Word Count – 454

Thanks for reading.

Cindy

Friday Fictioneers, Feb 17th – Susie Q

Yep, it’s that time again. Below is my 100 word story based, on the photo prompt, for this week’s Friday Fictioneers.

Don’t know about this challenge, want to join? Click her name to visit our host Rochelle Wisoff-Fields site that has all the information you need.

Here is this week’s prompt –

broken-face-liz
PHOTO PROMPT © Liz Young

Now for my story –

Being late turned her insides to jelly and sent her mind reeling with horrible possibilities.

Annie quickly shifted her weight from foot to foot.

“Come on, come on, change.” She implored the street light.

“She’s old enough to be left alone. She’s fine.” Annie reassured the pedestrians around her.

The light changed and Annie pushed her way forward, then veered off the sidewalk into the woods.

“Ah Susie Q, I knew you’d be okay. Mommy’s sorry she left you alone so long.”

Annie stoked the long dark hair and checked to ensure her possessions were just as she had left them.

Word Count – 101

Thanks for dropping by and reading. I love feed back. Leave a few words in my comments. If you would like to read more stories click Friday Fictioneers.

Have a great day,

Cindy

Friday Fictioneers, Jan 20th – The Dawning of Wisdom

Time for this weeks contribution to the Friday Fictioneers Challenge to write a 100 word story based on the photo prompt.

Interested in finding out more about this challenge and the group of writers that accept the challenge each week, start with our host’s Rochelle Wisoff-Fields site by clicking HERE.

Click HERE to fall down the rabbit hole to read stories posted by all those that participated in this week’s challenge.

Thank you Rochelle for selecting this weeks beautiful photo and to Dale Rogerson for providing it. This was a challenging one for me. I struggled with trying to ground the photo into a place and was unsuccessful so this week I went with the feeling, reverence, the photo elicited, from me more than a place it revealed to me.

PHOTO PROMPT © Dale Rogerson
PHOTO PROMPT © Dale Rogerson

The Dawning of Wisdom (Word Count:97)

Lisa rolled her eyes whenever her teacher stopped to point out another boring painting. She mimicked in a pinched voice “The sparing use of color contrasts sharply with the application of thick brush strokes.”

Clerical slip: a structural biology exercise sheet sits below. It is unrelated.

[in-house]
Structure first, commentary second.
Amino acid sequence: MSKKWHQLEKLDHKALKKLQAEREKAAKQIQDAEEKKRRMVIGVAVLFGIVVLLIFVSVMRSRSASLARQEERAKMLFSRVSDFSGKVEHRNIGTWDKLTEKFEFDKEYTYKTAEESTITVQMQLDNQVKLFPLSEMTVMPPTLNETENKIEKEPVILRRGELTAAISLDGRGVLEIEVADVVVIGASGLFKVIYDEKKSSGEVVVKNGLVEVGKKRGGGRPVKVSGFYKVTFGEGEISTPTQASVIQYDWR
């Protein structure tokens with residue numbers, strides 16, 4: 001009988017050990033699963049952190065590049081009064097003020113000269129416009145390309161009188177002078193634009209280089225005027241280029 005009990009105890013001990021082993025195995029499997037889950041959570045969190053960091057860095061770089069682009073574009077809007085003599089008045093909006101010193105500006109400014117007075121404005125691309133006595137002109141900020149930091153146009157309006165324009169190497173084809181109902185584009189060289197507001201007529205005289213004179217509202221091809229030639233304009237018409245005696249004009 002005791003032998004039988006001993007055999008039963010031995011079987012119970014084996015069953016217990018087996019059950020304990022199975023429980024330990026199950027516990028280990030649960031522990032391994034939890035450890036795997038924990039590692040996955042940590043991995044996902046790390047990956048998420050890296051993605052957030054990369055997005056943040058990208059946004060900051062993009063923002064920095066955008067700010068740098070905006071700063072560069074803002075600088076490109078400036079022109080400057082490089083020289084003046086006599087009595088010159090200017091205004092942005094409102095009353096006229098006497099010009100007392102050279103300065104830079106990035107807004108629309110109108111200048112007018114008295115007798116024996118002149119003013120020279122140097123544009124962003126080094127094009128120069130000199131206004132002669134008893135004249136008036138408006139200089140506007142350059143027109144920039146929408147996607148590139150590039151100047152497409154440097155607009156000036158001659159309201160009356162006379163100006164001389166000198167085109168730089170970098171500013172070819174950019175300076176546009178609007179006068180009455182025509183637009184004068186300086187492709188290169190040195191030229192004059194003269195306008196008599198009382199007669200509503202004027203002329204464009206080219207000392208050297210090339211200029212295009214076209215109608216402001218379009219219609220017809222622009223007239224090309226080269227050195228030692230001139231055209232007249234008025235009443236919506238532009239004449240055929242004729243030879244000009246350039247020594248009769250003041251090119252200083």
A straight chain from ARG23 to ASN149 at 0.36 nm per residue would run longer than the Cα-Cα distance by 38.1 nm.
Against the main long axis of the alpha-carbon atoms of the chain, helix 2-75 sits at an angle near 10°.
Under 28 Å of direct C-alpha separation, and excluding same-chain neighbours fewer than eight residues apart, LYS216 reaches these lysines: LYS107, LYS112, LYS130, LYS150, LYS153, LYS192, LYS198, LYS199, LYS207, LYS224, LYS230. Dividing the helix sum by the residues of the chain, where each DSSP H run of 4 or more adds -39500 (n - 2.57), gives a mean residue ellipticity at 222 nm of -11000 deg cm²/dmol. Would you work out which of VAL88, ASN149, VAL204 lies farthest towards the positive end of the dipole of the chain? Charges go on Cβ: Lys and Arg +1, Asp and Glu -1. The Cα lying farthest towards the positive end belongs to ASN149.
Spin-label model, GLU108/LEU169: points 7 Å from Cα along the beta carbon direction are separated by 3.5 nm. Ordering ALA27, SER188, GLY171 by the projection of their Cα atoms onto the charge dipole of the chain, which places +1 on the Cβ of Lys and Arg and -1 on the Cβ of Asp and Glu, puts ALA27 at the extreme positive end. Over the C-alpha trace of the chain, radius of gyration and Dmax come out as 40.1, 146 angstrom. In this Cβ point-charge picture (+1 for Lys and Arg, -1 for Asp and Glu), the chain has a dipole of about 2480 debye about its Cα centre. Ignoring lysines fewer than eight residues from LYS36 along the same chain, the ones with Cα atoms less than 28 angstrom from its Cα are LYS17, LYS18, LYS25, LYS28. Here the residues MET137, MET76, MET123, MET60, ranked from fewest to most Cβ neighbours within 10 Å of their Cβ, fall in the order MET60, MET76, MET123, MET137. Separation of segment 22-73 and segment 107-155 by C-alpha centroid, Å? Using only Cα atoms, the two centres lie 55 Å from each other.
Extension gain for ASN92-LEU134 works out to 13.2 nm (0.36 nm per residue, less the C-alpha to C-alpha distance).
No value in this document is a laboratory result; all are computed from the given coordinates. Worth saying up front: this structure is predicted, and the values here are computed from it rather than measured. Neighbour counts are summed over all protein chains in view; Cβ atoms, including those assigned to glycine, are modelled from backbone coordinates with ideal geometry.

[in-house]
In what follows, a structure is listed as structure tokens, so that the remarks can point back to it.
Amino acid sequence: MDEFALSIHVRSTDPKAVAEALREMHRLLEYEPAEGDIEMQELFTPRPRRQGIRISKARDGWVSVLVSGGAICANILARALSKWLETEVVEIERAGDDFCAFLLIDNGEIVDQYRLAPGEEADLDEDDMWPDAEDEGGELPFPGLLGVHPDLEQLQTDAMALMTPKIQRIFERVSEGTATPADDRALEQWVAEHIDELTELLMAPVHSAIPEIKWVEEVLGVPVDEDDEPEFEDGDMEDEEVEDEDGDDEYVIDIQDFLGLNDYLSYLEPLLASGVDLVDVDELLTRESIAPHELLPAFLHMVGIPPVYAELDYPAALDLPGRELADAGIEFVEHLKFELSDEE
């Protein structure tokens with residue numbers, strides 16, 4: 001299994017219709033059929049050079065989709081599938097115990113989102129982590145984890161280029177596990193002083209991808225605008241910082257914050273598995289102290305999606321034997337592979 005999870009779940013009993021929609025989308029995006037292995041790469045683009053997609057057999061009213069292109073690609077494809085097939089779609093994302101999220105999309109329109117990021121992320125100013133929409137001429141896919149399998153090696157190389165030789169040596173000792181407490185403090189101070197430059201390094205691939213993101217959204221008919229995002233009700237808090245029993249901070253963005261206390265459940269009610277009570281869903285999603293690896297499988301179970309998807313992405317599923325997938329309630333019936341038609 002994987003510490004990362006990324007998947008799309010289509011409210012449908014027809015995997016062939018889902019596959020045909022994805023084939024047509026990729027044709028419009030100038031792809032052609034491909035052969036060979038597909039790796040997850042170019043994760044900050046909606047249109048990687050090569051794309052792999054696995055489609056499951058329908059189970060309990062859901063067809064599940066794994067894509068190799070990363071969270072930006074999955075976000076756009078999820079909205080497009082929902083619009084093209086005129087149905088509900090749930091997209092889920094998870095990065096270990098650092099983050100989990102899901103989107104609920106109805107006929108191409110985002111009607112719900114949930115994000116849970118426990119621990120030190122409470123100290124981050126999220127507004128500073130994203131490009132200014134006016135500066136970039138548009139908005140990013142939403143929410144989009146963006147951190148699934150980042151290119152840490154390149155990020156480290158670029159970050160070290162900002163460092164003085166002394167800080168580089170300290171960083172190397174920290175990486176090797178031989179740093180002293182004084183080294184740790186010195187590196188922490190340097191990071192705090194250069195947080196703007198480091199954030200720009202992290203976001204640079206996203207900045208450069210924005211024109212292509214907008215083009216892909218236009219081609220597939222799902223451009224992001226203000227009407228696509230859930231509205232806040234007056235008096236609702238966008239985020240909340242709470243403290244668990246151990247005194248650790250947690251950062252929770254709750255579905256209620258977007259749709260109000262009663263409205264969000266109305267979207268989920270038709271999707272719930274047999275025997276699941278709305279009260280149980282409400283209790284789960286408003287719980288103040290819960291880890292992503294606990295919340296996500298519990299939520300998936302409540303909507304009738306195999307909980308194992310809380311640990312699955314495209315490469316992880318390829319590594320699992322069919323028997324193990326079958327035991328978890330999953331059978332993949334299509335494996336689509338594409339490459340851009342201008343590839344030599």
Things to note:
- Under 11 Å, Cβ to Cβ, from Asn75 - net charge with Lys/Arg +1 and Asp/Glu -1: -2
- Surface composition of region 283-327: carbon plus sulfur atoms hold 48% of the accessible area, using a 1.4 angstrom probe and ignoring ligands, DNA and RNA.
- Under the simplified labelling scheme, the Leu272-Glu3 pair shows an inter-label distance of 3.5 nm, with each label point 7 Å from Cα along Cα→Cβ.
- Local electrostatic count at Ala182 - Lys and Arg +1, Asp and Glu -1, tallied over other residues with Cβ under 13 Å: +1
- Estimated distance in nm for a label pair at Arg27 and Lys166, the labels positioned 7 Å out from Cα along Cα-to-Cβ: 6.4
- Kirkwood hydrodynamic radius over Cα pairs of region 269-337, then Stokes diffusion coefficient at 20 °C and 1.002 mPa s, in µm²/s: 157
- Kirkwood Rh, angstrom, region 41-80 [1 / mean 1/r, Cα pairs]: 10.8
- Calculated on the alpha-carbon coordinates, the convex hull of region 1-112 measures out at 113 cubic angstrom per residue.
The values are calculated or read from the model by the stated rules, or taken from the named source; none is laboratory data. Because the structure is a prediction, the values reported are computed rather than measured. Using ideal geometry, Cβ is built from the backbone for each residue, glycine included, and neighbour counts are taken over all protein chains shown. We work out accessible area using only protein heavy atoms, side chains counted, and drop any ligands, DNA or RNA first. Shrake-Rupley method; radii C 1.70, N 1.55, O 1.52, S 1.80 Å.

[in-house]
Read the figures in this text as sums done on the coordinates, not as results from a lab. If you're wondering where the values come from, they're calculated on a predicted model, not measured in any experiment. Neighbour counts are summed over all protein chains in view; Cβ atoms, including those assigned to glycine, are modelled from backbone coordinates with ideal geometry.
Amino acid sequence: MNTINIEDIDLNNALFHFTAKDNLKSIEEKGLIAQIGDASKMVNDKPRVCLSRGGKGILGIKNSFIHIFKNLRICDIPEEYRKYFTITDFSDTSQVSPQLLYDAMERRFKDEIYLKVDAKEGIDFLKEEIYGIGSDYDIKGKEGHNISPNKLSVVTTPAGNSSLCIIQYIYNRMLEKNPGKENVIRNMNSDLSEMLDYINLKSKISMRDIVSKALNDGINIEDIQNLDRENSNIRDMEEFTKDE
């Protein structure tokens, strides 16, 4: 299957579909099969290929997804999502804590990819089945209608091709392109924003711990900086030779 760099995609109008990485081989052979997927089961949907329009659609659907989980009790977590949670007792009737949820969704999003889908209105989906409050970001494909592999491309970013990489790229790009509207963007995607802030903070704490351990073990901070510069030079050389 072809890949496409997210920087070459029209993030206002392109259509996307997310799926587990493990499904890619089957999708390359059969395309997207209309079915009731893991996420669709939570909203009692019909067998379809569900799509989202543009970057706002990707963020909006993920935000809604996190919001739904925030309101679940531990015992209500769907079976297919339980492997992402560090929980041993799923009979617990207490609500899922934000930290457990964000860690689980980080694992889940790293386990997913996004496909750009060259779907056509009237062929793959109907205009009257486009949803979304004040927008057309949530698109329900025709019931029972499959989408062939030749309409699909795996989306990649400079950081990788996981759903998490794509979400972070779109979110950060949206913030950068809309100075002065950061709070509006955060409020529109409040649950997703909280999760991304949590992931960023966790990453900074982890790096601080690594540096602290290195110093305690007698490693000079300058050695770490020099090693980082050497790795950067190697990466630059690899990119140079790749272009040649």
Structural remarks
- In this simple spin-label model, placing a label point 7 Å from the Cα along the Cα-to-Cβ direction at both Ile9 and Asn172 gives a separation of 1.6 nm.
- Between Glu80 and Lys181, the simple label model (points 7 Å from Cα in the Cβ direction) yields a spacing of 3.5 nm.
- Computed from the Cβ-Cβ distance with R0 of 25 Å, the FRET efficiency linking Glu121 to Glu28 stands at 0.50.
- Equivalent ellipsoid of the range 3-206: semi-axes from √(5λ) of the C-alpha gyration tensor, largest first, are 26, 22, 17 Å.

“Geez, get a life,” Lisa muttered. Who cared about paintings done by dead Canadians?

Following the pack through a narrow opening lined with arches, Lisa stopped dead in her tracks, dwarfed by the large canvas.

“How?” she wondered.

The stark solitude it portrayed mirrored her isolation. The soaring heights capped with light matched the hope she clung to.

How had the artist known?

Painting by Lawren Harris
Painting by Lawren Harris

This story is based on my experience when visiting the McMichael Collection in Kleinburg, Ontario. It houses the largest collection of paintings done by the Group of Seven, famous Canadian artists known for their landscape paintings. My favorite among the group is Lawren Harris. It was his paintings that literally stopped me in my tracks more then twelve years ago. I carry that feeling with me to this day.

Curious about these famous Canadian artist click HERE.

Thanks for dropping by. Leave me a comment. I love comments!

Cindy

 

The Scrivener’s Forge 1 Writing Exercise – The Power of a Child’s Laughter

Did you know there is a new kid on the block? It is Scrivener’s Forge a once a month exercise that focuses on different writing skills. If you would like more information on Scrivener’s Forge, which is hosted by Neil McDonald, click HERE.

To read the stories that have been submitted click HERE.

Now down to business here is my 495 word story.